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Court Orders California Medical Board to permit examinee to retake USMLE Part III and to establish a passing score by resolution
On March 1, 2010, the California Court of Appeal filed its decision in YVETTE MARQUEZ v. MEDICAL BOARD OF CALIFORNIA, California Court of Appeal Case No. C060456.
Medical license applicants in California are required to pass certain examinations including the United States Medical Licensing Examination (USMLE). Applicants must pass each of three parts to the examination. To be eligible for a California license, an applicant must pass Part III of the exam within four attempts. The examination is administered by the Federation of State Medical Boards (FSMB), which establishes a recommended minimum score.
Sections 2184 and 2177 of the Business and Professions Code, require the Medical Board of California to establish a passing score by resolution. Since adopting the USMLE, the Medical Board has failed to take any formal action to set a passing score. Instead, the Board has accepted the recommended passing score established by the FSMB as the standard to be applied to California applicants. The Board has not adopted a resolution or policy stating that fact.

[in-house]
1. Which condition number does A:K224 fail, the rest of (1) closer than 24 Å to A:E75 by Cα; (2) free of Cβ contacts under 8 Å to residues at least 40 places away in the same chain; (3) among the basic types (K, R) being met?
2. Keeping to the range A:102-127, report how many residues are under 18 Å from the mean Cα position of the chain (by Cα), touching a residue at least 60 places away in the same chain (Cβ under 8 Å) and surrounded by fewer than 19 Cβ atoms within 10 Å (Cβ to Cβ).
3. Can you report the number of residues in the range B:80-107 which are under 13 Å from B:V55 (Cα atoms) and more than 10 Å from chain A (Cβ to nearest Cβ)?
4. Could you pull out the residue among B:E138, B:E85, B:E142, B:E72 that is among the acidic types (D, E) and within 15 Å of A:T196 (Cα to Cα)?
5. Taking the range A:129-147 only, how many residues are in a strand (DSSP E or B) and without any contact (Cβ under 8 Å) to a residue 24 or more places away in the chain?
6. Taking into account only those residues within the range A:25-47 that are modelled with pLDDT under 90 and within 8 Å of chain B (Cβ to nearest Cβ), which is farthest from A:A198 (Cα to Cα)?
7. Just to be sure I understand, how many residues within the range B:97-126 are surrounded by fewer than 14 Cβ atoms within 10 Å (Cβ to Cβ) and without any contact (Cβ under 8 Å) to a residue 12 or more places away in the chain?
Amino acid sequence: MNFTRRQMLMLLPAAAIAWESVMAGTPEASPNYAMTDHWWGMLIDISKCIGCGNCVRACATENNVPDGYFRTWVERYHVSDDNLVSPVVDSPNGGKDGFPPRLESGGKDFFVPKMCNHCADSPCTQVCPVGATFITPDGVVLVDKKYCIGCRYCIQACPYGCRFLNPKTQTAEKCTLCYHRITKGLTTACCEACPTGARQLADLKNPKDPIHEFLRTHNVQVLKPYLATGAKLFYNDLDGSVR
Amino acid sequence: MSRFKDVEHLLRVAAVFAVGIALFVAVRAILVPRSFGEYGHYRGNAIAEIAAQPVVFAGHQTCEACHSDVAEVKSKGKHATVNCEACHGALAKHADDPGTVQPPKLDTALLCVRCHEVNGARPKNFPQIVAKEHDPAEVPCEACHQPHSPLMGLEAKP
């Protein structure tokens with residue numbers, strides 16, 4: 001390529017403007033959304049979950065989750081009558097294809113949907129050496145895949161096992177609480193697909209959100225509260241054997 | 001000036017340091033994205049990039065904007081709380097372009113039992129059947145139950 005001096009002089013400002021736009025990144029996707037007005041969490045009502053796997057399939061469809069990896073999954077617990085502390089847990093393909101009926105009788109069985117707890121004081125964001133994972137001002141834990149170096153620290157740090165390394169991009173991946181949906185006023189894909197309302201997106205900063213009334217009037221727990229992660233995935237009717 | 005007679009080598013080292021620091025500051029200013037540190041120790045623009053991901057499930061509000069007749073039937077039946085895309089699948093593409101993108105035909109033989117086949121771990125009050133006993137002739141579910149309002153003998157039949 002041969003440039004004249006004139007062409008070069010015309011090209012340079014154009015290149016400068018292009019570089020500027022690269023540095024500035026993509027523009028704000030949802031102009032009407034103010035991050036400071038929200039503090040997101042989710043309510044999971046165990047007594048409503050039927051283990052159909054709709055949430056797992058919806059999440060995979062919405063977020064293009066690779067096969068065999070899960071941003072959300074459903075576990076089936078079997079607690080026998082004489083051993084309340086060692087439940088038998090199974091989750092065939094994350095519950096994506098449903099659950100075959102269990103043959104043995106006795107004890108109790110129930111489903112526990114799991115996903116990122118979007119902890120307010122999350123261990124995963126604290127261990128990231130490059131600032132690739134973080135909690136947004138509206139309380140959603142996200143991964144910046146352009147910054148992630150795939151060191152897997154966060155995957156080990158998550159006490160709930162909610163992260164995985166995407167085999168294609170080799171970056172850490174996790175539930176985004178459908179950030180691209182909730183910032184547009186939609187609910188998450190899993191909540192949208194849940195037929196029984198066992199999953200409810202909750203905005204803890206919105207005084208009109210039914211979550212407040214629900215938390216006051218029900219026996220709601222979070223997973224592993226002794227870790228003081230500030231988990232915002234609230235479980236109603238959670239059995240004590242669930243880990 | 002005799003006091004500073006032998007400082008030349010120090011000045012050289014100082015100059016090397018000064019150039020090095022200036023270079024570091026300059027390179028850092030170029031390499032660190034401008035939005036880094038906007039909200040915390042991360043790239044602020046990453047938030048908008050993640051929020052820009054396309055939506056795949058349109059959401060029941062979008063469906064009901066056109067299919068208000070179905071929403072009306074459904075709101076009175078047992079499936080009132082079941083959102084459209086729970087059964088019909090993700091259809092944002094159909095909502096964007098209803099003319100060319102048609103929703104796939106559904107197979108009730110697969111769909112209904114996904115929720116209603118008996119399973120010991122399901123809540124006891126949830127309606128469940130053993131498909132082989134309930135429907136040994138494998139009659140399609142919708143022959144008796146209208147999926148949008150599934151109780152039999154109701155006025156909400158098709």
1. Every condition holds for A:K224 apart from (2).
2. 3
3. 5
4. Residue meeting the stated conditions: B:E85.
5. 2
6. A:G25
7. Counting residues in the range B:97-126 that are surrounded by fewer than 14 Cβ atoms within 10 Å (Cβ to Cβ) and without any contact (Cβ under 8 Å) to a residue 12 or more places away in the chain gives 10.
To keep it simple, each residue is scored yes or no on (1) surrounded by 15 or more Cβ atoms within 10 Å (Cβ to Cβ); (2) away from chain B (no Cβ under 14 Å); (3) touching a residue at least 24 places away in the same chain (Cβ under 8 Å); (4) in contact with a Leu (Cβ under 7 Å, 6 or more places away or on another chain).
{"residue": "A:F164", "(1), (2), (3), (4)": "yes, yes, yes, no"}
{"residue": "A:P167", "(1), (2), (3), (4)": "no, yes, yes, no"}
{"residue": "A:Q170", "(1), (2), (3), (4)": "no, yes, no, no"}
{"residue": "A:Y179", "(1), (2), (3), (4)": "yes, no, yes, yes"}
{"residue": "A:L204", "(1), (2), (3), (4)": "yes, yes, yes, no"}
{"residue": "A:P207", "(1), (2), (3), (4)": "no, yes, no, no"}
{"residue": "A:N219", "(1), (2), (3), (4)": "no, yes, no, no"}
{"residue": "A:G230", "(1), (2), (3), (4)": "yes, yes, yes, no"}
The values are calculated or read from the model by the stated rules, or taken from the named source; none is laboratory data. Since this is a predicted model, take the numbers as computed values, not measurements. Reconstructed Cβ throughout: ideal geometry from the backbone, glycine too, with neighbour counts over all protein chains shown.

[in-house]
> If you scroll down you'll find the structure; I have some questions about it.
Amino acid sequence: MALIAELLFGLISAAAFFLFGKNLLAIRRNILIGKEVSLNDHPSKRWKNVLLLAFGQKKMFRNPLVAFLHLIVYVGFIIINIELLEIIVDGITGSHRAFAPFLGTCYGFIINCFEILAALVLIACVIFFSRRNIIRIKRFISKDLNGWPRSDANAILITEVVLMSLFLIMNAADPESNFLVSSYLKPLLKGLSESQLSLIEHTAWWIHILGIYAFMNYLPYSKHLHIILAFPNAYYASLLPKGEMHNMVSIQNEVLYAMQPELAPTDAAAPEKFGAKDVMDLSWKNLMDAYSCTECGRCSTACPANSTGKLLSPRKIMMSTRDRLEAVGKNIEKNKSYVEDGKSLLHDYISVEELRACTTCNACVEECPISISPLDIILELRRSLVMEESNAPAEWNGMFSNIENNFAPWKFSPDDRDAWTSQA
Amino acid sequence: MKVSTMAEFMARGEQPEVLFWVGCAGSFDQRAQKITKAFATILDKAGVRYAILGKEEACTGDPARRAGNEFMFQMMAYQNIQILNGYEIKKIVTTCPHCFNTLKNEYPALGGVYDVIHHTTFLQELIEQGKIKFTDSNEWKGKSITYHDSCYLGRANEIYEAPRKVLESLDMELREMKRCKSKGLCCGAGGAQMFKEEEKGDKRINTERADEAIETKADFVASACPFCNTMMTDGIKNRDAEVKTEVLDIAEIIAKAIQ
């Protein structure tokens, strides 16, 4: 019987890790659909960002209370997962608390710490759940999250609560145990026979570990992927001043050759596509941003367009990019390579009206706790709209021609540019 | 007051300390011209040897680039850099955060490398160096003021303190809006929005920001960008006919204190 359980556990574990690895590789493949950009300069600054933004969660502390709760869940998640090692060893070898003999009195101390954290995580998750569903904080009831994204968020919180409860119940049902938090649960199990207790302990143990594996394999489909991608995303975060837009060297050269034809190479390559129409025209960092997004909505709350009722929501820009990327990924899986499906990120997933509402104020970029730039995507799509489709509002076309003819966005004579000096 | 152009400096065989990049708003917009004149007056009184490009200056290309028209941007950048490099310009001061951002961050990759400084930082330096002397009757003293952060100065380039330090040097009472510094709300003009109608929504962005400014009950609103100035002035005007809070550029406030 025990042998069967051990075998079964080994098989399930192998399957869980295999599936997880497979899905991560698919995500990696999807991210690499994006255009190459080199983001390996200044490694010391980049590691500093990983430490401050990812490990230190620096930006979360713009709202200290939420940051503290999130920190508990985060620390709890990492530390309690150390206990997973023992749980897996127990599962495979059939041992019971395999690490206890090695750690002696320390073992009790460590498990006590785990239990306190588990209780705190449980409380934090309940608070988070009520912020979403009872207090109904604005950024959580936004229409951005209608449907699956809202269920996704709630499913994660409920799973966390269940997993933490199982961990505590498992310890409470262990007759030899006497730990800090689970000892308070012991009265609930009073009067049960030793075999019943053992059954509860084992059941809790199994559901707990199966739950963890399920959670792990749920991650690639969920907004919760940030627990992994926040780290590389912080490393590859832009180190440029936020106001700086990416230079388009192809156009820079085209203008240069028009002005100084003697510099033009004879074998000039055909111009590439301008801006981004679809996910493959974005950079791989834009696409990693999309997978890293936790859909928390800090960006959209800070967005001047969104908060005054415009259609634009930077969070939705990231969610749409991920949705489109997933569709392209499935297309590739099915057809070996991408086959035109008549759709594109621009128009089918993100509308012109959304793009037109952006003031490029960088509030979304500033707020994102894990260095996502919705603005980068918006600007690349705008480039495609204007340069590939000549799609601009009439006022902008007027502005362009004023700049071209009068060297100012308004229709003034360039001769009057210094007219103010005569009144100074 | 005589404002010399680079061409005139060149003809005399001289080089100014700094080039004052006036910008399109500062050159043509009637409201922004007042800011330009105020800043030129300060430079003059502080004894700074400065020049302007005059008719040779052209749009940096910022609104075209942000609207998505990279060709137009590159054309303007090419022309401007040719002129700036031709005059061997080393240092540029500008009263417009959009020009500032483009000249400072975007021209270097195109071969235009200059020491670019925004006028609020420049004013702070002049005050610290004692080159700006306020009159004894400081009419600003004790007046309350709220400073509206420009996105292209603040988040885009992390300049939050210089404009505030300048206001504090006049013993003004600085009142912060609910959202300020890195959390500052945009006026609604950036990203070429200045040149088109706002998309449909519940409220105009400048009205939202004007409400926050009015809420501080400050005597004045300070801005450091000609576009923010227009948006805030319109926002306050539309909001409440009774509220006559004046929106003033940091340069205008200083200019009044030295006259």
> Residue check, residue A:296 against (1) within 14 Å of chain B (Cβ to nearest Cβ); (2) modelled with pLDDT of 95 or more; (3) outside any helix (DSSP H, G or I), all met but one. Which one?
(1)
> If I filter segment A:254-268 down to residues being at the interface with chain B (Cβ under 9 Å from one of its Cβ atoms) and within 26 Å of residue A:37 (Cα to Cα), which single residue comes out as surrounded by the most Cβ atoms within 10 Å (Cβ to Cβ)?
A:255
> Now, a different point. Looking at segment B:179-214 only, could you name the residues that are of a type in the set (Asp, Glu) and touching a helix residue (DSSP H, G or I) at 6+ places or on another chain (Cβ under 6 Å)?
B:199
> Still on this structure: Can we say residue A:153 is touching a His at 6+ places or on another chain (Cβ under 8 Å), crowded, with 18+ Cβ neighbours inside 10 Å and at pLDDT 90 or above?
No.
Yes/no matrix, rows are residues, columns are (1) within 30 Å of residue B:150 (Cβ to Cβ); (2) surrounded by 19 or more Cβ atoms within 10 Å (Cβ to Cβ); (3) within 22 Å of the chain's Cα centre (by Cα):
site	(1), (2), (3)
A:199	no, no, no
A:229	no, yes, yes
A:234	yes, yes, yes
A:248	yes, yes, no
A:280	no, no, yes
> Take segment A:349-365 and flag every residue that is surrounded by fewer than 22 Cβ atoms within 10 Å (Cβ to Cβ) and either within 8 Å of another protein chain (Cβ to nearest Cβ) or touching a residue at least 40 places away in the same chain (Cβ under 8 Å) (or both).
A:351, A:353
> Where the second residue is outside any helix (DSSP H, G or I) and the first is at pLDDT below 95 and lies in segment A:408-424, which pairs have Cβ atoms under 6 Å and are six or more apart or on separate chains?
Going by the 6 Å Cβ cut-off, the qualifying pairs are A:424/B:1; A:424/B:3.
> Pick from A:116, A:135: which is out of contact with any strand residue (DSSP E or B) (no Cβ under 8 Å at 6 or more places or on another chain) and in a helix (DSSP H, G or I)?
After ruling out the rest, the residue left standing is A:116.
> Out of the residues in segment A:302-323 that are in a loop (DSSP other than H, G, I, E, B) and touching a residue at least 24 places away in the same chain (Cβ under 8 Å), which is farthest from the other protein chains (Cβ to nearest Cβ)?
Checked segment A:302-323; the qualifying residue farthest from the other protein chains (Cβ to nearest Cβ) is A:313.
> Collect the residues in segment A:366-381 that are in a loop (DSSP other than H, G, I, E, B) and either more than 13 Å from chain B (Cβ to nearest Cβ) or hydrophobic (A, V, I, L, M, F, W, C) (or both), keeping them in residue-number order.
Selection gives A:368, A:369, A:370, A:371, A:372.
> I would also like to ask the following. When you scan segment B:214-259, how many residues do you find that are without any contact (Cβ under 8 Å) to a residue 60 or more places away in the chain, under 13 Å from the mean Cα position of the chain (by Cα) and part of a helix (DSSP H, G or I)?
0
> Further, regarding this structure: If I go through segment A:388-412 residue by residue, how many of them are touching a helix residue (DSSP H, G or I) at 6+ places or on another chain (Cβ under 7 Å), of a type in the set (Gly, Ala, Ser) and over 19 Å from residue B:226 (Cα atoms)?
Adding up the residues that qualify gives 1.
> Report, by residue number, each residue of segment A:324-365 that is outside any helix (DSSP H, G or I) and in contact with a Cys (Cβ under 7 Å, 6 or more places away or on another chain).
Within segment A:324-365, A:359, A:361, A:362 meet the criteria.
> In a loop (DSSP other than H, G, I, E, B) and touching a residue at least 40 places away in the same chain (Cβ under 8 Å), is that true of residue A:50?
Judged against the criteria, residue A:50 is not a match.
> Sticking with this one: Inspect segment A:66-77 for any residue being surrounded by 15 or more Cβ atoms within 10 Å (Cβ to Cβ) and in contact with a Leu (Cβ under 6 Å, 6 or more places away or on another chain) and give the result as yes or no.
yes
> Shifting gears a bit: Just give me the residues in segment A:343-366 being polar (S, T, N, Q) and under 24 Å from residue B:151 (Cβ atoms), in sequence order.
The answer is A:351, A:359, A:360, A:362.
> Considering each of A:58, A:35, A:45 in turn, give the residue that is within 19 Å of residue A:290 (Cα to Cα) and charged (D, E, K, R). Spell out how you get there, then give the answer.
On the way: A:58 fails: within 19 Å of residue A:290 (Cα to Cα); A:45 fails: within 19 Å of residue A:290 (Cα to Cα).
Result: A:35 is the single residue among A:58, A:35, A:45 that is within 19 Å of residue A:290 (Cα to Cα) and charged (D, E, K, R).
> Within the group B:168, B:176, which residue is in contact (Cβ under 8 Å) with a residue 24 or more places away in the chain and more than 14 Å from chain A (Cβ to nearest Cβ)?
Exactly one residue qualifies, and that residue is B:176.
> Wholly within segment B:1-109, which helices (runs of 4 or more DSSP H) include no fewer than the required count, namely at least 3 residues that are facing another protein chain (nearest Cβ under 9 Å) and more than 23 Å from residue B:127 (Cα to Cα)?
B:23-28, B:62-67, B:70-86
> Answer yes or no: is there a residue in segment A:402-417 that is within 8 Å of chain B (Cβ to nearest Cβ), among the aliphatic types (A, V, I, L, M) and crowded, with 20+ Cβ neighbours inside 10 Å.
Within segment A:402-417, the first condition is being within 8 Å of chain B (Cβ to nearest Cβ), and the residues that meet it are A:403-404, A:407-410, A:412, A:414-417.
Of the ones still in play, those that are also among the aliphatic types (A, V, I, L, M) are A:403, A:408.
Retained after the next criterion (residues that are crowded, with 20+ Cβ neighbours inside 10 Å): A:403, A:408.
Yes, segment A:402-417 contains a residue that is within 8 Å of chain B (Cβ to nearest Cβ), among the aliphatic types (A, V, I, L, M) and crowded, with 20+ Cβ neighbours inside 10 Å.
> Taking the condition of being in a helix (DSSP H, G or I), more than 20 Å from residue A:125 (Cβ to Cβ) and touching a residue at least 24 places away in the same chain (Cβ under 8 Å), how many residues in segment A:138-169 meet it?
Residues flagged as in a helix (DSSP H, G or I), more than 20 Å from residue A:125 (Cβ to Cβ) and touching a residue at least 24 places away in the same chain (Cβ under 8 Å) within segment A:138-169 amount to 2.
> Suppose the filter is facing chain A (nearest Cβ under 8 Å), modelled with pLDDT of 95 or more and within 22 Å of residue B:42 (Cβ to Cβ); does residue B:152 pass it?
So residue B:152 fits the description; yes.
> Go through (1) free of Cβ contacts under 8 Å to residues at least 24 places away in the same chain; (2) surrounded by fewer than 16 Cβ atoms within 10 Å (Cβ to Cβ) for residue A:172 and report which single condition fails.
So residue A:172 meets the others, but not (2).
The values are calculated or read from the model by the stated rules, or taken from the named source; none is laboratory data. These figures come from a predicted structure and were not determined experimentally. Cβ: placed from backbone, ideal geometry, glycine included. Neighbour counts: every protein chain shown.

Plaintiff Yvette Marquez took the last part of the examination for the fourth time in May 2008 and was notified she had failed based on the passing score recommended by the national board that administers the examination. She filed a petition for writ of mandate seeking an order to compel the Board to comply with the statute, deem her to have passed, and issue her a license. The trial court denied the petition.
The Court of Appeal reversed and ordered the Medical Board to establish a passing score by resolution and to permit plaintiff to take the examination for a fifth time.